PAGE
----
Hurtado showed how the persecuted early church wasn’t just offensive to Jews and Greeks. It was also attractive. The first Christians opposed abortion and infanticide by adopting children. They did not retaliate but instead forgave. They cared for the poor and marginalized. Their strict sexual ethic protected and empowered women and children.
Epicurus believed everything reduces to atoms and void – including our mind (psyche) – and so rejected the conception of the immortal soul, which had been central to prior religious and philosophical thought. The gods, he held, may exist – but even if they do, they have nothing to do with us, and hence give us no moral obligations, no divine law, and no higher purpose. Therefore, the best thing you can do, and in fact the highest good, is to pursue a life of pleasure.
The “Veneer Theory” (coined by De Waal) argues primarily that: morality is nothing but an afterthought, and selfishness and competitiveness is what defines us at our core. Michael Ghiselin summarized this view of morality shared by many biologists for over a century: “Scratch an ‘altruist’, and watch a ‘hypocrite’ bleed”. Biologists who shared these views of human nature essentially believed that moral sensibilities were some sort of accidental by-product of a biological process, thus going against the way that biology had hardwired us.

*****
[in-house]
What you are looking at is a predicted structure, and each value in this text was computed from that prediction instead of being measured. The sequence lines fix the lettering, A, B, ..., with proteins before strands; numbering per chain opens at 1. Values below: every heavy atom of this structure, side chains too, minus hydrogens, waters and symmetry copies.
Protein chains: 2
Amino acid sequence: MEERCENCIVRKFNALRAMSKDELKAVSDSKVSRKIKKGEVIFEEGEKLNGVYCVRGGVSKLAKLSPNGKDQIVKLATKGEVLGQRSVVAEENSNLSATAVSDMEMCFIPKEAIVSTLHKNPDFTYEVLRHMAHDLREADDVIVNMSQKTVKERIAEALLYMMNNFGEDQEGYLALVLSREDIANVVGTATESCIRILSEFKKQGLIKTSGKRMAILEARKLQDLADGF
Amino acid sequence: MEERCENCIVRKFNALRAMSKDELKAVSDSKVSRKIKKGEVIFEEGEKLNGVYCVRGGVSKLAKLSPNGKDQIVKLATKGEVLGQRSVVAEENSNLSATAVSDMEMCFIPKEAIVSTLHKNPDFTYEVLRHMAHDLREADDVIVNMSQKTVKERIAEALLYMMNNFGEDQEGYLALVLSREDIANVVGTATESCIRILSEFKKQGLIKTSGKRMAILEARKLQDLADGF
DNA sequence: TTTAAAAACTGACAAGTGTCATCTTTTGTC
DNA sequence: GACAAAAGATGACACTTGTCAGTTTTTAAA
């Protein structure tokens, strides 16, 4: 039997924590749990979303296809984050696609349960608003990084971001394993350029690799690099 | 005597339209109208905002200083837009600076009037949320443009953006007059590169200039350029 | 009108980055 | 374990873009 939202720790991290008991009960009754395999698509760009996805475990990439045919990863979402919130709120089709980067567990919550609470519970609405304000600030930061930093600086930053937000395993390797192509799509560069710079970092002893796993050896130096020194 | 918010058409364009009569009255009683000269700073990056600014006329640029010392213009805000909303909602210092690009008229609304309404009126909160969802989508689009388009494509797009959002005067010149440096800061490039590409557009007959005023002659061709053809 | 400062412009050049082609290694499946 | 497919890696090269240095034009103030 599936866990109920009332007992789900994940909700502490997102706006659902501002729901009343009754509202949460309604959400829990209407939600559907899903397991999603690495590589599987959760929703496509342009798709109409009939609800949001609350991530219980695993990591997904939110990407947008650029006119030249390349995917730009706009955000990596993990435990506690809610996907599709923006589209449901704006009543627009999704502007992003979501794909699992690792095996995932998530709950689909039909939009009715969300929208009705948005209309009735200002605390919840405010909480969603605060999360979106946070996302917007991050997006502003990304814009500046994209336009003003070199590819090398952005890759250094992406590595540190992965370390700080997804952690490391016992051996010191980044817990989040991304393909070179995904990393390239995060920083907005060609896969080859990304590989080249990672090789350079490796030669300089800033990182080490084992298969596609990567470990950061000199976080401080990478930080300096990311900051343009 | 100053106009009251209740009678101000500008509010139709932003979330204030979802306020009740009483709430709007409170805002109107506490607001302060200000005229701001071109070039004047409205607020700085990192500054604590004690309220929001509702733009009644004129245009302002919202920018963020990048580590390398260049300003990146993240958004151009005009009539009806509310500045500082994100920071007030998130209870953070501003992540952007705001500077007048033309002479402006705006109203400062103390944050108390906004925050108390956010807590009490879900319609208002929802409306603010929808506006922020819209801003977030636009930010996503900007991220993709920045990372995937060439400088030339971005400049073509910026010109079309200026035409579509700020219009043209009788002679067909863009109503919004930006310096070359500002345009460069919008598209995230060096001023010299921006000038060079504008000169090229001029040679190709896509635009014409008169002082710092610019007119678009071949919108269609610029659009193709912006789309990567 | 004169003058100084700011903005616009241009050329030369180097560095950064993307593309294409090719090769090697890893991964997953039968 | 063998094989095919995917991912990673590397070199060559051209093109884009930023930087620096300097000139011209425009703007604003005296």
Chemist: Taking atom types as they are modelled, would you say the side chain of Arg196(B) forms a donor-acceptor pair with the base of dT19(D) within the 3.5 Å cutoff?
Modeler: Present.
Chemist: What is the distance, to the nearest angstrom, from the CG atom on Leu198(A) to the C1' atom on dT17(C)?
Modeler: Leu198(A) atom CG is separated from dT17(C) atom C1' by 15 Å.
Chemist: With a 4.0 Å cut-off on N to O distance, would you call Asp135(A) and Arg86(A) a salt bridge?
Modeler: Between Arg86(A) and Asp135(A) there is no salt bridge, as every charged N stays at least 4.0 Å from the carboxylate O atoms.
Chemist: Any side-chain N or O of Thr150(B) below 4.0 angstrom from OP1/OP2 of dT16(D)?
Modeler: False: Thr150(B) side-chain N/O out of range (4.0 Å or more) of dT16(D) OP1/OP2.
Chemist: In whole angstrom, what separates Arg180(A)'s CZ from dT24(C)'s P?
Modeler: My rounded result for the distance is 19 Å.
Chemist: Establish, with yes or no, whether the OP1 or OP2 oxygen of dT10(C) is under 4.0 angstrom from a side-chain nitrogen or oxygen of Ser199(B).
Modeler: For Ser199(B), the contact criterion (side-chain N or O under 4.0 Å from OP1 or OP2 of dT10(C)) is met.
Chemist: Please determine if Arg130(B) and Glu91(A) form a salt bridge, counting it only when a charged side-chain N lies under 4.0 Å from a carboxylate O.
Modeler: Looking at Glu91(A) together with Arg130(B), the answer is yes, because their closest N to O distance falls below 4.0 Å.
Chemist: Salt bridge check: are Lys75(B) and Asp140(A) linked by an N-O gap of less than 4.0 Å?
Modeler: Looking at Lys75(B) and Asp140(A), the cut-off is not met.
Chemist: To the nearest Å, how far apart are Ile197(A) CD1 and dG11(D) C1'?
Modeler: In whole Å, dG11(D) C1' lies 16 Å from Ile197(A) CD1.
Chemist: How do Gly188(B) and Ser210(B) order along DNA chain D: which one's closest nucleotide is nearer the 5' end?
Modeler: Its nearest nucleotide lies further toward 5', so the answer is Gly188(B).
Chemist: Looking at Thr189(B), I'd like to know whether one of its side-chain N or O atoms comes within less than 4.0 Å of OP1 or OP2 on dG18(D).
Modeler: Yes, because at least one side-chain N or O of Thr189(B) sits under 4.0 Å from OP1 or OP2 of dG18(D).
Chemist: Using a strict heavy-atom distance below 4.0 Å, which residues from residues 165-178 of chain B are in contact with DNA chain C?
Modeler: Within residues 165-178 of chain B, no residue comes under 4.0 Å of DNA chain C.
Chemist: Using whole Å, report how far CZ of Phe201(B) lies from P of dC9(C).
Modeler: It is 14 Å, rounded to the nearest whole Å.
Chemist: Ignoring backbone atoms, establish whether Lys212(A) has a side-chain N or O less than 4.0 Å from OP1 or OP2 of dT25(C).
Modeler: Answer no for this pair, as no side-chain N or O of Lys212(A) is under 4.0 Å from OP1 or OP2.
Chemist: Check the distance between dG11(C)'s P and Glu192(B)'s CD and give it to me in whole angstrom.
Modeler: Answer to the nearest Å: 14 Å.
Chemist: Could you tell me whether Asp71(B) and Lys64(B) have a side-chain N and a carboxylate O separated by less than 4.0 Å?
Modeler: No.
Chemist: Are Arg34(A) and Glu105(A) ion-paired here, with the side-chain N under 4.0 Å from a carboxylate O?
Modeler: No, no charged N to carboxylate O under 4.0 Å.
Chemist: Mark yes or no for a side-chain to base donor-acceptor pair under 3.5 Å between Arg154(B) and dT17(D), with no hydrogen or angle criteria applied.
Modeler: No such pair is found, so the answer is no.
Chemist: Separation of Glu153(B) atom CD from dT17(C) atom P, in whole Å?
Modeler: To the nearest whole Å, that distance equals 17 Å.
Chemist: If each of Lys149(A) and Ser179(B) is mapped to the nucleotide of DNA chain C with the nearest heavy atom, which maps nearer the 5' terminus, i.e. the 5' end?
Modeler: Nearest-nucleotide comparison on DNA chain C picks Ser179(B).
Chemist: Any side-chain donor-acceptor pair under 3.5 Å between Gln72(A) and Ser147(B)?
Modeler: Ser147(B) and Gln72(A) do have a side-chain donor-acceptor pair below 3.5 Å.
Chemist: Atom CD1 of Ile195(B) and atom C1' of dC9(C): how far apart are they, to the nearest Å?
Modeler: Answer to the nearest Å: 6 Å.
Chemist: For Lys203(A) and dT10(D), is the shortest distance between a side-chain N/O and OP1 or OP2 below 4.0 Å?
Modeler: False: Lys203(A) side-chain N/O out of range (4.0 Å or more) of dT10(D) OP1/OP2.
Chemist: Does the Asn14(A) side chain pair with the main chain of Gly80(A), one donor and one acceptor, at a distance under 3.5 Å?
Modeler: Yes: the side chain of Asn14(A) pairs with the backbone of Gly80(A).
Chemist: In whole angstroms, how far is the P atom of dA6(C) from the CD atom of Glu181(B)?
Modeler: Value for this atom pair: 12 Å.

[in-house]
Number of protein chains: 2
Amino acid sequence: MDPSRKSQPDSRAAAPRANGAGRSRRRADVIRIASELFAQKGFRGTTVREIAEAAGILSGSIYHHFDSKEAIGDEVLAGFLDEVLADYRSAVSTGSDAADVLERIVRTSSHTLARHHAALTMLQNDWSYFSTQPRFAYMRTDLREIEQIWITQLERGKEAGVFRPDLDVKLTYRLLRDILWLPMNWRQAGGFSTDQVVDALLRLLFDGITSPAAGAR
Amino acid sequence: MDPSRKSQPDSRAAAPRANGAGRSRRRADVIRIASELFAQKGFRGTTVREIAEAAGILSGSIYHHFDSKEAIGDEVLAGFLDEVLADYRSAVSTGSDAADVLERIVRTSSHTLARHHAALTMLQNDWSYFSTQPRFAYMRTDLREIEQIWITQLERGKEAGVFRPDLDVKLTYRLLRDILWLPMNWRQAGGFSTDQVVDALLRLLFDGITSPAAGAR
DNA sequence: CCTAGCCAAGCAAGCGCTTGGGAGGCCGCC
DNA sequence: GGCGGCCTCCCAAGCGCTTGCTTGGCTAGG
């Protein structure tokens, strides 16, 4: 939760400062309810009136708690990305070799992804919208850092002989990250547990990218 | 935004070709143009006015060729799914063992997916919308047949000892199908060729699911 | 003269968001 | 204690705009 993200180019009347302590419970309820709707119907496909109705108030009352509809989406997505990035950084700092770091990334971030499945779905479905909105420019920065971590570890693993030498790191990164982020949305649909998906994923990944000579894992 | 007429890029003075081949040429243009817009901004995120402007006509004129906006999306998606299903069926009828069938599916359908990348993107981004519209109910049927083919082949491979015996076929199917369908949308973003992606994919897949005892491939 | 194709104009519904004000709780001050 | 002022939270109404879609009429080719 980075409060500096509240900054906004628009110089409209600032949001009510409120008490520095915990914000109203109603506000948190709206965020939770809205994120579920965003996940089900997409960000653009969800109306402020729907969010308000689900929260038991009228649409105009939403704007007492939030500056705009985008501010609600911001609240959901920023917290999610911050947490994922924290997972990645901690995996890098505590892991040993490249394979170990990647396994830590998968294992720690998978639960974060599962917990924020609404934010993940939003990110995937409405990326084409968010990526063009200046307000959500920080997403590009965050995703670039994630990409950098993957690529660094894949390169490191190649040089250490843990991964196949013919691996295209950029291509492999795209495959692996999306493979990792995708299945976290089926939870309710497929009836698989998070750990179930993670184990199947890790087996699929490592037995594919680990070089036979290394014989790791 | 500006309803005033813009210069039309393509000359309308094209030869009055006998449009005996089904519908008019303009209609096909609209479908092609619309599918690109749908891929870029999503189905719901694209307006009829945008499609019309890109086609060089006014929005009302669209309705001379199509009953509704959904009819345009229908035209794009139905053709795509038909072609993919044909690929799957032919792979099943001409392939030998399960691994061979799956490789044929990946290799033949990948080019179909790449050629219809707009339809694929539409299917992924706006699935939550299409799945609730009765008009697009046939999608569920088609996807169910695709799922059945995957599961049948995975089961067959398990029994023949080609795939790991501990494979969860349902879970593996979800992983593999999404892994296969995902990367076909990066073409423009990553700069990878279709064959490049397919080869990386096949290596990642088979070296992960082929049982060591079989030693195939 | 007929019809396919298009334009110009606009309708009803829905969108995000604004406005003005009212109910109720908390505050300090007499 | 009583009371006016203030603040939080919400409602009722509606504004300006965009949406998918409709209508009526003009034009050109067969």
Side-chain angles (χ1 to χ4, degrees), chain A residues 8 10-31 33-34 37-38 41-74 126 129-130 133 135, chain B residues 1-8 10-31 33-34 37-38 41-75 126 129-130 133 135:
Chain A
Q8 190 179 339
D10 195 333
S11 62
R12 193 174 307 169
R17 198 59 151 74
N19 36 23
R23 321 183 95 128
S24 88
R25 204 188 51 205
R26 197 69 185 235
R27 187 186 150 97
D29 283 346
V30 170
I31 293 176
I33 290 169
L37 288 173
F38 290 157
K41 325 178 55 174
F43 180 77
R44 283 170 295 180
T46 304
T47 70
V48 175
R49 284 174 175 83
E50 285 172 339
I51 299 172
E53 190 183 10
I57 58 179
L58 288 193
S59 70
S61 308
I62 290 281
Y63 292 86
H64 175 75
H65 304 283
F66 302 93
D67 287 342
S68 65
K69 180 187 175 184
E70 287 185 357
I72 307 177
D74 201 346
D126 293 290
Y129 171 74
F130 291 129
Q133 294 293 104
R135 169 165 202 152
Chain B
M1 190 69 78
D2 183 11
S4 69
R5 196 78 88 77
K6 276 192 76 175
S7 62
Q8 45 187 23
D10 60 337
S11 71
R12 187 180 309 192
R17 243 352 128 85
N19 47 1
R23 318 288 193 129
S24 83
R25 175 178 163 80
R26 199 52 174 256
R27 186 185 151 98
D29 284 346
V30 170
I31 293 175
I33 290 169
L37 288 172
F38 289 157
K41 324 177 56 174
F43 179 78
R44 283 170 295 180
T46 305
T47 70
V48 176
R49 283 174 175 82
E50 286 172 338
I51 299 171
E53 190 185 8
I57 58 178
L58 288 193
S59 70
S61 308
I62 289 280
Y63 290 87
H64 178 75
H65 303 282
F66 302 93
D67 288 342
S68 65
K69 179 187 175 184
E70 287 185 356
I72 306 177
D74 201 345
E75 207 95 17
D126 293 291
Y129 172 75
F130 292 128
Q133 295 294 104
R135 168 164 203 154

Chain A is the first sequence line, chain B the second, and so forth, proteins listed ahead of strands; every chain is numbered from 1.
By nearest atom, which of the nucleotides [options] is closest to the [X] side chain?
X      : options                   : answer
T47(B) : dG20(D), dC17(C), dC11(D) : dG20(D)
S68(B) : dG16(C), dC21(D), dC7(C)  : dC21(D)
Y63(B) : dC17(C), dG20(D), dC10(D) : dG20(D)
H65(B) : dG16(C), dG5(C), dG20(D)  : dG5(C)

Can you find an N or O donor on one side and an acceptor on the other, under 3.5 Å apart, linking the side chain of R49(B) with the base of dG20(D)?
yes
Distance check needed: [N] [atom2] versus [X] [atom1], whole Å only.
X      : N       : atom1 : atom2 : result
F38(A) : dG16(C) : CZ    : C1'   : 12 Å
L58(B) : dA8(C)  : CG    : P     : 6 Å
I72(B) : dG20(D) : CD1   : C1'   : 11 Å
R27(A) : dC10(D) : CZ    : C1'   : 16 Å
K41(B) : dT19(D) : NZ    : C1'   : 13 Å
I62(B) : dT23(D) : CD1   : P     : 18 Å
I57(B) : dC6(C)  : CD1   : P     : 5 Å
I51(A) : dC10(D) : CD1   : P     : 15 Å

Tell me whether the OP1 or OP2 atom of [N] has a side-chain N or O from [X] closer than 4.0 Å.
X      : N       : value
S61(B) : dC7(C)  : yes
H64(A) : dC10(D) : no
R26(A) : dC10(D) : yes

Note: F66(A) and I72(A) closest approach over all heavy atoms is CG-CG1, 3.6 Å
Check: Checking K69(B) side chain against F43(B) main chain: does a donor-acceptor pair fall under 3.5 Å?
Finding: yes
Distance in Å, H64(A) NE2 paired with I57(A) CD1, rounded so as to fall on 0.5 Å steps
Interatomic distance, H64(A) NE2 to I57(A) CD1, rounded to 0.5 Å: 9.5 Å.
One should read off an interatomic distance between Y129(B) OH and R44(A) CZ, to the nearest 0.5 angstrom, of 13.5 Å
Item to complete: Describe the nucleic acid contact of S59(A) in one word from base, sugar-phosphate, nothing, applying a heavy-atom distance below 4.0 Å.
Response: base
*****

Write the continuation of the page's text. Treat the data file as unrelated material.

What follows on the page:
Epicurus, though, thinks we’re doing pleasure wrong. We navigate the landscape of pleasure and pain artlessly and inattentively, sometimes without any sort of plan at all. Epicureanism aims to point us in the right direction, to help us find security and joy, to do pleasure right. First, let’s briefly explore why Epicurus endorses hedonism, then turn to his distinctive approach to pleasure.
Instead of being what you are — unkind — you pursue the fictitious opposite put before you — kindness. To emphasize what we should be, only causes strain, giving momentum to what we already in fact are.
It’s one of life’s bitter ironies that one of the first things lost to moral certainty is the capacity for compassion. Righteousness is a cold, hard position, and an unshakeable one. It allows no room for one of the most basic tenants of human existence: doubt. Faith exists not in counterpoint to certainty but to doubt. And those in religious institutions who wish to commune with their fellows must never lose sight of the fact that doubt defines and binds us. Few of us have the capacity to defend a position of uncompromising certainty.
When it comes to loving and being loved, even the most jaded and worldly often feel deep insecurity. That’s true even when we’re in happy relationships. If we can find some comfort and direction in a mega-best-seller with a tacky cover, so be it. For those of us who hope to grow merrily old and saggy and gray with our beloveds, it’s a reminder that packaging isn’t everything.